In several jurisdictions, however, the immunity of charitable corporations for the torts of their trustees or servants has been made dependent on the relation the plaintiff bore to the corporation. In all it is recognized that the beneficiary of a charitable trust may not hold the corporation liable for the neglect of its servants. This is unquestionably the law of this state. ( Collins v. N.Y. Post Graduate Med. School, 59 App. Div. 63; Joel v. Woman's Hospital, 89 Hun, 73; see, also, Pryor v. M.E. E. Hospital, 15 N.Y. Supp. 621 [note], and Haas v. Missionary Soc'y, 26 id. 868.) It is also the law in this state that there is similar immunity from liability in the case of a charitable institution of a quasi penal character, as against an inmate committed to it for punishment or reformation. ( Corbett v. St. Vincent's Industrial School, 177 N.Y. 16.) That decision proceeded on the ground that the defendant was engaged in the performance of a governmental duty for the benefit of the state in respect to persons committed to its custody and possessed the same immunity as the state. The principle of this case is very much akin to that on which the early hospital cases in Massachusetts were decided. On the other hand, in Rector, etc., of Church of Ascension v. Buckhart (3 Hill, 193) a recovery against a religious corporation by a person injured by the falling of a church wall was upheld. The authority of this case has never been questioned and the decision is conclusive against the doctrine of total immunity. In Blaechinska v. Howard Mission, etc. (56 Hun, 322; reversed, 130 N.Y. 497, but on another point) a recovery was had against a charitable organization for the maintenance of a vault under a sidewalk, with a defective cover, but no question seems to have been raised as to the immunity of the defendant on account of its charitable character. These seem to be the only cases in this state bearing on the question before us.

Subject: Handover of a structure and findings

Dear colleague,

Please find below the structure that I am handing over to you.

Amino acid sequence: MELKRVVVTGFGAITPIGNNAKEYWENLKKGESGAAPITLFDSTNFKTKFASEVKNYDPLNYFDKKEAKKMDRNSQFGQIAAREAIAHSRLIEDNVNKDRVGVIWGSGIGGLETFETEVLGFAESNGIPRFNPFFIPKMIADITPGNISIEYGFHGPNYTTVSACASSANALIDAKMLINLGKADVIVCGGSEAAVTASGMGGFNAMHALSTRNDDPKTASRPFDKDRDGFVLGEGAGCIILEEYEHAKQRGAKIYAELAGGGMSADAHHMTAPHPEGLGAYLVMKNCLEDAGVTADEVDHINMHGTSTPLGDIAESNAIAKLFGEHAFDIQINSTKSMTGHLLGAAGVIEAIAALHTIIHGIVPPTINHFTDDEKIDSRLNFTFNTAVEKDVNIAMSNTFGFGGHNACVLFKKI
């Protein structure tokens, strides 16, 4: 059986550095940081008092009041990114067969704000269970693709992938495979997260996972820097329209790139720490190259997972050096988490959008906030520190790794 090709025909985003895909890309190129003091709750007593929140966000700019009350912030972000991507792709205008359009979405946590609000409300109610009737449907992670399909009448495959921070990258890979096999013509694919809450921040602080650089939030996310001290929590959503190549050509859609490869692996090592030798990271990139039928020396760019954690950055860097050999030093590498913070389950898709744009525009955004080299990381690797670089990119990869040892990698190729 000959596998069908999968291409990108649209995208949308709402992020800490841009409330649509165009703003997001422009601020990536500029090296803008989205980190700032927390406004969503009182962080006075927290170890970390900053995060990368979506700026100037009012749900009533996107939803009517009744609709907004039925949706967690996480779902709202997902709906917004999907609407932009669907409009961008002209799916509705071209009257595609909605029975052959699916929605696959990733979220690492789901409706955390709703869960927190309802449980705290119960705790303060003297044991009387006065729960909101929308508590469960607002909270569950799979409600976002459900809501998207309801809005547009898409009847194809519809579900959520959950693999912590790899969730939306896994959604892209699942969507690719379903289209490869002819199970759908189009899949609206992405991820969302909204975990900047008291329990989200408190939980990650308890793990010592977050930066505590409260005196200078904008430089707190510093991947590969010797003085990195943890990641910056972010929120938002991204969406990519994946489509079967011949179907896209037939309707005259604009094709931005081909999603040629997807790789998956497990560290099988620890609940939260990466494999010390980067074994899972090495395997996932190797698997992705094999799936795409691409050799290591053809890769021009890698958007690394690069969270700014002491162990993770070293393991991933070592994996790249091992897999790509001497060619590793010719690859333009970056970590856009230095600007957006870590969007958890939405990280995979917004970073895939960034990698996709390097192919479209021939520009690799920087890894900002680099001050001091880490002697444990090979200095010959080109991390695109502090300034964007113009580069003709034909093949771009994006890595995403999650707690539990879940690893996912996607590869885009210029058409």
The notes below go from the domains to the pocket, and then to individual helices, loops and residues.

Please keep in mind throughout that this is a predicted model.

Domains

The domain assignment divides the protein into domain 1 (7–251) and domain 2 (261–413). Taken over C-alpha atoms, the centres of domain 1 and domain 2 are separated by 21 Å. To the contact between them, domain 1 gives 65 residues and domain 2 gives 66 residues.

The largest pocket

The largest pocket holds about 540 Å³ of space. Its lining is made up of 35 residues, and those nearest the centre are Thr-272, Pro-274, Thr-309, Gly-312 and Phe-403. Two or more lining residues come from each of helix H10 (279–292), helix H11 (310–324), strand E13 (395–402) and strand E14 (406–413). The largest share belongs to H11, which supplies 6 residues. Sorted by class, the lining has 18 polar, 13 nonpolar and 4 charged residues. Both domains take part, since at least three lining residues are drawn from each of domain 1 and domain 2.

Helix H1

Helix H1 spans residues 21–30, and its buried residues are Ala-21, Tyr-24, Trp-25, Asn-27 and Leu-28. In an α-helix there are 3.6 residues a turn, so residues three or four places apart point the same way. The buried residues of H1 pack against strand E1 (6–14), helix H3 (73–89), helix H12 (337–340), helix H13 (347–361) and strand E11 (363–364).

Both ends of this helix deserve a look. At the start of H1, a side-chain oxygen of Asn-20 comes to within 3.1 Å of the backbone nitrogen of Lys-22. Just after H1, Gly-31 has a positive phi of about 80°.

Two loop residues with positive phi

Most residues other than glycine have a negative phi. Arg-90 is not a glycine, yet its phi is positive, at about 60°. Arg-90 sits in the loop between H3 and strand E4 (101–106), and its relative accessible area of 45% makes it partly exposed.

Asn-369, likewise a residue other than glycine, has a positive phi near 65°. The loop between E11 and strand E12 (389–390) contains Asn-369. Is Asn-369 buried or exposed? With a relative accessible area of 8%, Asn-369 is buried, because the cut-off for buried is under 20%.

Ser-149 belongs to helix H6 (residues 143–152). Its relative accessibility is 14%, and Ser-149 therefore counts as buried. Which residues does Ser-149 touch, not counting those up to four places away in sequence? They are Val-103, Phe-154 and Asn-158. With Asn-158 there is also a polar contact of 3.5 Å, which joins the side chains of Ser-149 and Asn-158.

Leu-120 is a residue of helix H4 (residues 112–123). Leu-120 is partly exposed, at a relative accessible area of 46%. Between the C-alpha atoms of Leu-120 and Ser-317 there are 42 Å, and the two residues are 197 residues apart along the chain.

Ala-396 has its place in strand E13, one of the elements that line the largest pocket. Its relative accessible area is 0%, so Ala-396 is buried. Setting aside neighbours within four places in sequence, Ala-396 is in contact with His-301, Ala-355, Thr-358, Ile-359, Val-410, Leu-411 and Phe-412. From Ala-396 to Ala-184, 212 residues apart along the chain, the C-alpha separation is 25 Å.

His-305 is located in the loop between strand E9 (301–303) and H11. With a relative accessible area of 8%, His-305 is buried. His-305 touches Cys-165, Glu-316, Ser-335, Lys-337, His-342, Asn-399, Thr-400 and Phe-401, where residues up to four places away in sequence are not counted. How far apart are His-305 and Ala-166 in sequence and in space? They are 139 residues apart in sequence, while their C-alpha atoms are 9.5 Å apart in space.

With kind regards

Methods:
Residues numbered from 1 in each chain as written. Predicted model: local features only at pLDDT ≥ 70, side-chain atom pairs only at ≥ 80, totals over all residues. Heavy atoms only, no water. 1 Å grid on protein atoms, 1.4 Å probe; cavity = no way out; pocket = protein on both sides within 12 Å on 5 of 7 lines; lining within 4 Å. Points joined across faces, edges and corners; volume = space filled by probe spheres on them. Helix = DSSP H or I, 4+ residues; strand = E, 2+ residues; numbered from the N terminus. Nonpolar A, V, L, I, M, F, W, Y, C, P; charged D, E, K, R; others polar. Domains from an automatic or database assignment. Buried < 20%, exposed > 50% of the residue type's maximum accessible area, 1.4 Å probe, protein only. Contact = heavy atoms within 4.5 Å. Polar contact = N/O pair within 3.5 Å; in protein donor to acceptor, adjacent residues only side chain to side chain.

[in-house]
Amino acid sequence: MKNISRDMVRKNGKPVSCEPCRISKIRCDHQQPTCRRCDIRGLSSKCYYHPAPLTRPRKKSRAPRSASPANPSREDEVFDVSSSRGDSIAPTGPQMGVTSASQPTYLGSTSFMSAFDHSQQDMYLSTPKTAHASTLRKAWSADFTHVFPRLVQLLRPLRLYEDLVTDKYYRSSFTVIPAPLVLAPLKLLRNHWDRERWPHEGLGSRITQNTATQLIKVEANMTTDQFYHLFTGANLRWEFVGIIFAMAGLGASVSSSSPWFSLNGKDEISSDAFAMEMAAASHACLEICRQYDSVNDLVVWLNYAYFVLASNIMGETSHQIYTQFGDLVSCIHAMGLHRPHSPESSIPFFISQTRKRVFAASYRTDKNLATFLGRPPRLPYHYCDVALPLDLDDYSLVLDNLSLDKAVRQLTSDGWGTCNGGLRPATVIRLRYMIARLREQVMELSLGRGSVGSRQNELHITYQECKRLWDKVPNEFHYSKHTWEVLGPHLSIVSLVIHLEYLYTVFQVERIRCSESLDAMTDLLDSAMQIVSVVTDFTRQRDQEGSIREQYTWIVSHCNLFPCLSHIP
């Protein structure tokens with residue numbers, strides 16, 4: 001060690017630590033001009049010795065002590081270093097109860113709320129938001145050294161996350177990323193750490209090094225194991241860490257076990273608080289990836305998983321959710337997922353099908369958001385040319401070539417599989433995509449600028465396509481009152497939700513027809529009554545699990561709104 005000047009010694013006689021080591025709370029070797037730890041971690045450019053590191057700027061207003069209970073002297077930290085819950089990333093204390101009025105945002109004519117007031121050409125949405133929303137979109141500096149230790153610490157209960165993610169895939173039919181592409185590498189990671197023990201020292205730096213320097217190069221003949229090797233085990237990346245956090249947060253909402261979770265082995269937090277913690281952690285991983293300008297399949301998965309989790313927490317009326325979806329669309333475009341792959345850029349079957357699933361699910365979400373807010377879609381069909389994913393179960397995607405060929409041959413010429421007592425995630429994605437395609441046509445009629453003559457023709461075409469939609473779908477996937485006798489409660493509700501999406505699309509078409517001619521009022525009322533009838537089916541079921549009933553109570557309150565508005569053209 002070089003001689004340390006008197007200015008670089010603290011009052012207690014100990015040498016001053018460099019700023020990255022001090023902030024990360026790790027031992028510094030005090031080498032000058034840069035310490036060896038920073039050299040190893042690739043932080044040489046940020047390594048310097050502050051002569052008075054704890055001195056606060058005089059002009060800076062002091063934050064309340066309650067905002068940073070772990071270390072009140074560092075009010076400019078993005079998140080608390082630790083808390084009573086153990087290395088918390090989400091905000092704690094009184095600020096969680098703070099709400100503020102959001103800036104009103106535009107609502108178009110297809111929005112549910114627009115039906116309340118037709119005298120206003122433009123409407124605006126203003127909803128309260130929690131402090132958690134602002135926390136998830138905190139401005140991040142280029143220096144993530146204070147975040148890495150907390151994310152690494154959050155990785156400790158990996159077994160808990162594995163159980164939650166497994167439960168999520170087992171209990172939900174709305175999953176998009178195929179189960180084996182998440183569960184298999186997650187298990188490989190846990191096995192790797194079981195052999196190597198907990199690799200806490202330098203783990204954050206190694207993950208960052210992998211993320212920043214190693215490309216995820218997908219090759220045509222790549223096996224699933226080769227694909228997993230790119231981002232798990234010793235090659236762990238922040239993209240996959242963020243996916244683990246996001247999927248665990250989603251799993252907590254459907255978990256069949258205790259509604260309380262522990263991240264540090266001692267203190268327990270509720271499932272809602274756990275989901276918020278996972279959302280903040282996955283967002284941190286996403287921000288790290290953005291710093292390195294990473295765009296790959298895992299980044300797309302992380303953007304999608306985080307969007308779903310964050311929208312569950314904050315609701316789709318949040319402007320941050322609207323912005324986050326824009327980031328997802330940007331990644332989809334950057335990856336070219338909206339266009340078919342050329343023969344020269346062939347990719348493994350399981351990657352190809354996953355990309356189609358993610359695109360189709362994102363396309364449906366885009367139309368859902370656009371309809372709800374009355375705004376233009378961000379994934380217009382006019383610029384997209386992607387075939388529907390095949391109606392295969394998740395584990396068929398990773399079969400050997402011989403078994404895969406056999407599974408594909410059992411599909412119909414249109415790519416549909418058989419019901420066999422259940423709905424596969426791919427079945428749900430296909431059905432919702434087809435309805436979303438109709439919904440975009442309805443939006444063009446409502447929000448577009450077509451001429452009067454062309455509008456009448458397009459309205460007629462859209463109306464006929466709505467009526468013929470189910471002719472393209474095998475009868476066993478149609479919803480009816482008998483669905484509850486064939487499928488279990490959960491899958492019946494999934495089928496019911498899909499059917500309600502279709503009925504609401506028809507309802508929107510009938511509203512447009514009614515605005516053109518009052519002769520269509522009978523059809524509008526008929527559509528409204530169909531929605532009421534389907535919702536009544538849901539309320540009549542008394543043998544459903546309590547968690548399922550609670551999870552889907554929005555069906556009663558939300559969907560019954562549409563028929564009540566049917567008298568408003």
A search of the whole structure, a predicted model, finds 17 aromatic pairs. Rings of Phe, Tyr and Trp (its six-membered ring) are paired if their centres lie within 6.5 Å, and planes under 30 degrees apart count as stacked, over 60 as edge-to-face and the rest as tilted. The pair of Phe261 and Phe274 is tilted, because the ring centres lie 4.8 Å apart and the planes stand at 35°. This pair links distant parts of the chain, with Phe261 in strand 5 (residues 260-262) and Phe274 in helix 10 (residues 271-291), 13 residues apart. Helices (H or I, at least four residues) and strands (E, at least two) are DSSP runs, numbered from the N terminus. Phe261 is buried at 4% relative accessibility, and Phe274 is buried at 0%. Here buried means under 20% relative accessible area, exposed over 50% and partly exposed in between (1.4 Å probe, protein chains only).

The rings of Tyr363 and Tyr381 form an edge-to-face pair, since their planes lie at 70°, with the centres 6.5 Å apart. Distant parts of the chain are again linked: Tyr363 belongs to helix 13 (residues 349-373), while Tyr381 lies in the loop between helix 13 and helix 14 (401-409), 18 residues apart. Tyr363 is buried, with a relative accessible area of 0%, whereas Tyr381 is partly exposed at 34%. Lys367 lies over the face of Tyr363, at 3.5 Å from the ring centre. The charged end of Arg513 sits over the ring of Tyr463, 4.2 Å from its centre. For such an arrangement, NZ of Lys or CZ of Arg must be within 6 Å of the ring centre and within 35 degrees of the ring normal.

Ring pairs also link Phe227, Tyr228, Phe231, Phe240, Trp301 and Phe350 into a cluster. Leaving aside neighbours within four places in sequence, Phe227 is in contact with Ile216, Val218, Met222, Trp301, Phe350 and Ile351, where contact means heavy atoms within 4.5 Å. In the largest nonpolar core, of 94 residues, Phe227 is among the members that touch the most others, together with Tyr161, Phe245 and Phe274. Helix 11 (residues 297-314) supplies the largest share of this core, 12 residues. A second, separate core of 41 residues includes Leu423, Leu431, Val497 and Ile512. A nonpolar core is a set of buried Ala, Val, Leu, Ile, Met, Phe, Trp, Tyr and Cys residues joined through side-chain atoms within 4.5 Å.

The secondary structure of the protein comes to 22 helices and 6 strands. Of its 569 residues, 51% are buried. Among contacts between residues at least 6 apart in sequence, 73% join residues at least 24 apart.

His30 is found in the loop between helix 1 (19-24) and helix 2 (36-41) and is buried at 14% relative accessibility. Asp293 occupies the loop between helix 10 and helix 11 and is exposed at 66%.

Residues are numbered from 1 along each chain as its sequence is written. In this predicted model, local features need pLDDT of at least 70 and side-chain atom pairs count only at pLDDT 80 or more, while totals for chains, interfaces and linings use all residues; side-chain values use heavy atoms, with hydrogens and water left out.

In at least two other states the doctrine of total immunity has been rejected. In Hewett v. Women's Hospital Aid Assn. ( 73 N.H. 556) a recovery by a nurse, for failure to warn her against the presence of a contagious disease, was upheld. In Bruce v. Cent. Methodist Ep. Church ( 147 Mich. 230) the defendant was held liable to a workman employed in painting the church, for defective scaffolding.